New Videos School Uber Drivers on How to Drive Safely Around Bicyclists

Uber and the San Francisco Bicycle Coalition have produced a series of videos instructing drivers how to be safe around people on bikes.  (Courtesy of Uber )

Uber has a message for drivers who double-park in the bike lane to pick up and drop off passengers in San Francisco: Don't do it.

"Bike lanes are for the exclusive use of people biking," says one of four new bike safety training videos emailed to Uber drivers and riders Thursday. "It is illegal and dangerous to drive or park in a bike lane."

Safe streets advocates say they've gotten lots of complaints about Uber drivers parking in bike lanes on popular bicycle routes, even though it can land them a $123 ticket.

It has become so much of a problem on Valencia Street that a group of guerrilla bike activists recently coned off a portion of the bike lane, with a sign that directed bikes into the bike lane and Uber vehicles into the driving lane.

The new videos, produced in consultation with the San Francisco Bicycle Coalition, come more than a year after the company riled safe streets advocates by opposing and leading a petition against safety improvements on Market Street. One advocate had even encouraged people to delete the Uber app from their phones.


In a blog post, the company says it's "committed to making sure the streets of our hometown are as safe as possible for people in cars, on foot and on bicycles alike." That includes supporting Vision Zero, the city's program to end all traffic deaths by 2024.

Uber officials expect the videos will reach "hundreds of thousands of Uber users."

"Consulting on these videos and tips ensures that the most accurate and up-to-date safety information is distributed to an unprecedented number of people driving and riding on San Francisco streets," the bike coalition said in its own blog post. "This is groundbreaking for our city as well as the broader Bay Area, and will be a model for safe streets advocates and cities across the country."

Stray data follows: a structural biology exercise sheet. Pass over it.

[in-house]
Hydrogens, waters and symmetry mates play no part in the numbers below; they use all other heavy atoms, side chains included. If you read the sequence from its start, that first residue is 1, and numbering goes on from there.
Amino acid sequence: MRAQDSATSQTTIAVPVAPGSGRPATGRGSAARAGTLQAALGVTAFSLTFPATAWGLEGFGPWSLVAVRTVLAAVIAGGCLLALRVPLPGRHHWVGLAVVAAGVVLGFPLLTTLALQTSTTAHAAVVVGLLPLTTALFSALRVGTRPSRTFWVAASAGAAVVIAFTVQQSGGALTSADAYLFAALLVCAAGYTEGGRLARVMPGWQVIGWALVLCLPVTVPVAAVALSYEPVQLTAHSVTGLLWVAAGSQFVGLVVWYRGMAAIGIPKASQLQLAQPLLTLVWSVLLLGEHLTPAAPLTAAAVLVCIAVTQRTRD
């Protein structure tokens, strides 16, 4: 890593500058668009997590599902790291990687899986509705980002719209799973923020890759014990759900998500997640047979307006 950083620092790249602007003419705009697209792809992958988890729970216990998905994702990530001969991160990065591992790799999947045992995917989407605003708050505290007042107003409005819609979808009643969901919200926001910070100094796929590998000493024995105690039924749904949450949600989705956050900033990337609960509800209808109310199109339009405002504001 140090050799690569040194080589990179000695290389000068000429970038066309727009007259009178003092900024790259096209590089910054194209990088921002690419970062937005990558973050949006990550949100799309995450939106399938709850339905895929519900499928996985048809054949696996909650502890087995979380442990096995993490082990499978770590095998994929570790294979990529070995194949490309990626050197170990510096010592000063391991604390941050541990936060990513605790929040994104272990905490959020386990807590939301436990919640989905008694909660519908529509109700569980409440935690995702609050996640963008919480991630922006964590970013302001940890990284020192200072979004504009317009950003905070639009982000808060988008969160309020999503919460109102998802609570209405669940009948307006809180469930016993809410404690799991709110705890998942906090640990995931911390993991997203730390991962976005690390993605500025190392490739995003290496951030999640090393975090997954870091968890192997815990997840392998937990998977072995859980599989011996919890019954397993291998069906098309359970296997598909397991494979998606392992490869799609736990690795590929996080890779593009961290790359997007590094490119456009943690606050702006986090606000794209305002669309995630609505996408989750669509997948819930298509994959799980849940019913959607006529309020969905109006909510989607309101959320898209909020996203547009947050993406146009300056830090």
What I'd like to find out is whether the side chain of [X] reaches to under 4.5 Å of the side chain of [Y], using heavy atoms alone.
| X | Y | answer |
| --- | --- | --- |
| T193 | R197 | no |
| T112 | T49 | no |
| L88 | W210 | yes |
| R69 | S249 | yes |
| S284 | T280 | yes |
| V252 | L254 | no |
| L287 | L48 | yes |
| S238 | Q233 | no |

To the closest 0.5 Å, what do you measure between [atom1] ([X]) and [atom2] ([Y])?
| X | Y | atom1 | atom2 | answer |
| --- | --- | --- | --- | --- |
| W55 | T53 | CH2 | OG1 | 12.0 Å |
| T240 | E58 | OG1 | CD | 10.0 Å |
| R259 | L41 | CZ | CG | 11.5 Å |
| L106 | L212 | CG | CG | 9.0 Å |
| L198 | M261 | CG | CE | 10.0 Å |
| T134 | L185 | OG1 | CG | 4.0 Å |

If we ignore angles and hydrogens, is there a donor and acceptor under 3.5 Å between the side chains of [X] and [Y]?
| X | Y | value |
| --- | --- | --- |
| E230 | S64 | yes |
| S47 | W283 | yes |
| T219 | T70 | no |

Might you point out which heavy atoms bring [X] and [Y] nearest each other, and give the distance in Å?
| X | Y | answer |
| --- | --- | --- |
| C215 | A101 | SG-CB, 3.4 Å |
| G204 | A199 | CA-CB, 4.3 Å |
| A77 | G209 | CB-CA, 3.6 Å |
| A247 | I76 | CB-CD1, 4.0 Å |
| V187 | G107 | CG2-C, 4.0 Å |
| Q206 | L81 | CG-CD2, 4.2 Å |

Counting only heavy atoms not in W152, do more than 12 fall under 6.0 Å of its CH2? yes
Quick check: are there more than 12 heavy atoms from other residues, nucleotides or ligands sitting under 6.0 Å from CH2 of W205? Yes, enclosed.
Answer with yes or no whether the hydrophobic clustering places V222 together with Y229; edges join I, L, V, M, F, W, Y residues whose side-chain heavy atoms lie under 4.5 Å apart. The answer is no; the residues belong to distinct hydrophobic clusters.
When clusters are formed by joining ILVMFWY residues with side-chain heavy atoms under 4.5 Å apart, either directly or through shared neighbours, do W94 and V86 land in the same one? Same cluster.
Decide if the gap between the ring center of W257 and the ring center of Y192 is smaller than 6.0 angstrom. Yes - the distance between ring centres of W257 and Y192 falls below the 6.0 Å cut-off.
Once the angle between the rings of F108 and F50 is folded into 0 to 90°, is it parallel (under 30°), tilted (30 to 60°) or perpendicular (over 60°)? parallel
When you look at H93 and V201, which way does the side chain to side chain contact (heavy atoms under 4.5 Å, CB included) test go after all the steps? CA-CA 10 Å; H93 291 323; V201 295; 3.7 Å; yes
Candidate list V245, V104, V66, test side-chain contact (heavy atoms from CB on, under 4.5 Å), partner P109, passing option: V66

Among the safety tips, the videos encourage drivers to slow down, give bike riders 3 feet of space, as required by California law, and to check the road before exiting the vehicles, so that they don't swing their doors into a passing cyclist, or what's known as dooring.

An Uber spokeswoman did not directly respond to a request to provide numbers detailing how many collisions have been reported in San Francisco between Uber drivers and people who bike. That information is not available to the general public, although the company is required to report collisions to the California Public Utilities Commission. CPUC officials were not able to provide collision data for San Francisco.

The spokeswoman would also not say whether the videos were required watching for drivers or if similar videos were being planned around pedestrian safety. CPUC regulations don't require any training for ride-service drivers on bicycle safety, far short of what's required for taxi drivers in San Francisco.

The San Francisco Municipal Transportation Agency requires taxi drivers, Muni operators and truck drivers to take a one-hour safety course taught by an instructor from the San Francisco Bicycle Coalition. Taxi drivers are also required to attend taxi training school.

The bike coalition trains about 800 professional drivers a year on how to drive safely around people walking and biking, said coalition spokesman Chris Cassidy.

Uber officials say they are working on and have implemented a number of technology improvements to track driver behavior on the Uber app. They include daily reports to drivers "on how their driving patterns compare to other drivers in their city -- with suggestions on how to provide a smoother safer ride."

The company also sends reminders to drivers to take breaks and has a speed display in the app.

Uber officials won't say how many drivers work in San Francisco, but there are thousands of ride service drivers, according to a spokeswoman for the city treasurer's office. In April, the city sent 37,000 notices to drivers with the news that they are required to get business licenses because they are independent contractors.

So far, about 18,000 drivers have registered with the city, while around 12,000 say "they are no longer driving in SF, already registered, or consider themselves employees (not independent contractors)," according to the spokeswoman.